Ducati: Many Roads of Canada – Holland… Manitoba

on


Pickups charge down side-roads towards the highway, plumes of silica fog hanging in their wake.  They are driven with the impunity of those who know they will never come across an unexpected corner.  Those drivers are right.  Welcome to the prairies.

The gentle rolling wave of the prairies is in full effect now.  Pointed toward the horizon grain elevators become landmarks.  Clusters of popular stand out, a relief of green against the fall’s golden grain.  These are not golden fields waving in the wind though, I’ve missed that.  Hay has been cut, and grain harvested.  As far as the eye can see is a close-cropped blond buzz cut. Bellow that stubble lies sunbaked dirt and dust.

I’m on Highway 2, unable to bring myself to ride the linear joylessness of the 1, and my suspicion that its smaller sibling will offer more points of interest is borne out.

A plaque in front of a poorly executed fake windmill in Holland takes pains to point out that the town has nothing to do with that nation.  “The village was named after the first Postmaster, Mr. A. C. Holland, who moved his post office to the village from its original location in his home west of Holland.”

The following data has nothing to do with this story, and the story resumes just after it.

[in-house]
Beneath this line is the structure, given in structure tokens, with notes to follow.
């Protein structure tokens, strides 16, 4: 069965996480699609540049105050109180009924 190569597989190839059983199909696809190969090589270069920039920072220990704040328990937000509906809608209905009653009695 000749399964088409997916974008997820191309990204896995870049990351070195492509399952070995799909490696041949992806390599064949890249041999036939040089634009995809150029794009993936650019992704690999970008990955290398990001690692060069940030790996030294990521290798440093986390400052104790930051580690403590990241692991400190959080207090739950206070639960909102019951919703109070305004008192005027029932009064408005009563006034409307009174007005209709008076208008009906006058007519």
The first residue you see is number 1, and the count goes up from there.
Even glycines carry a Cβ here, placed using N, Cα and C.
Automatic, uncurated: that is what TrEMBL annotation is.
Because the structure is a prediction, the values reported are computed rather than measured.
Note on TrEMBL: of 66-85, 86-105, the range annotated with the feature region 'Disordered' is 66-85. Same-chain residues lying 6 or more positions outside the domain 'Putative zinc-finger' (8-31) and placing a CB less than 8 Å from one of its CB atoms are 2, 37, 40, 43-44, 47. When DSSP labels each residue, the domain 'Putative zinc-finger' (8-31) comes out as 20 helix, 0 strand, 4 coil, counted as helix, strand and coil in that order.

It’s like the line from Animanics; where Dot and Yako Warner introduce themselves, then deliver the punch-line of, “No relation.”  The fake windmill is a convenient tourist attracting identity crisis then, a gag of “no relations” maturity.

On main street I grab an ice cream at a nearly non-existent general store, and zip the liner out of the Ducati Tex Motard jacket.  It’s warm out, and the late summer temperatures in October are delicious after my cold crossing of Ontario.

The 2 junctions to the 10, and becomes a massive construction zone.  To suppress the dust, the entire stretch has been watered, creating a slick sheen of mud about an inch deep.  The Multistrada’s front end hunts and drifts.  The rear slides about with minimal provocation and I’m struggling to maintain my position ahead of traffic.  I really should have had the front tire replaced in Winnipeg.  It’s badly worn, but I was being conservative with my budget and decided to push through.

The Multistrada is going where the mud and the ruts take it, I’m just providing gentle guidance.  I pull to the roadside, the wave the traffic by, and throw on my hazard lights to signal my crawl up the 10.  By the time I reach the turn-off to regain the 2 the Multistrada and I are covered in quick drying prairie mud.  We look like we’ve been through a war, but really it’s just an adventure.

Advertisements

Leave a Reply

Fill in your details below or click an icon to log in:

WordPress.com Logo

You are commenting using your WordPress.com account. Log Out / Change )

Twitter picture

You are commenting using your Twitter account. Log Out / Change )

Facebook photo

You are commenting using your Facebook account. Log Out / Change )

Google+ photo

You are commenting using your Google+ account. Log Out / Change )

Connecting to %s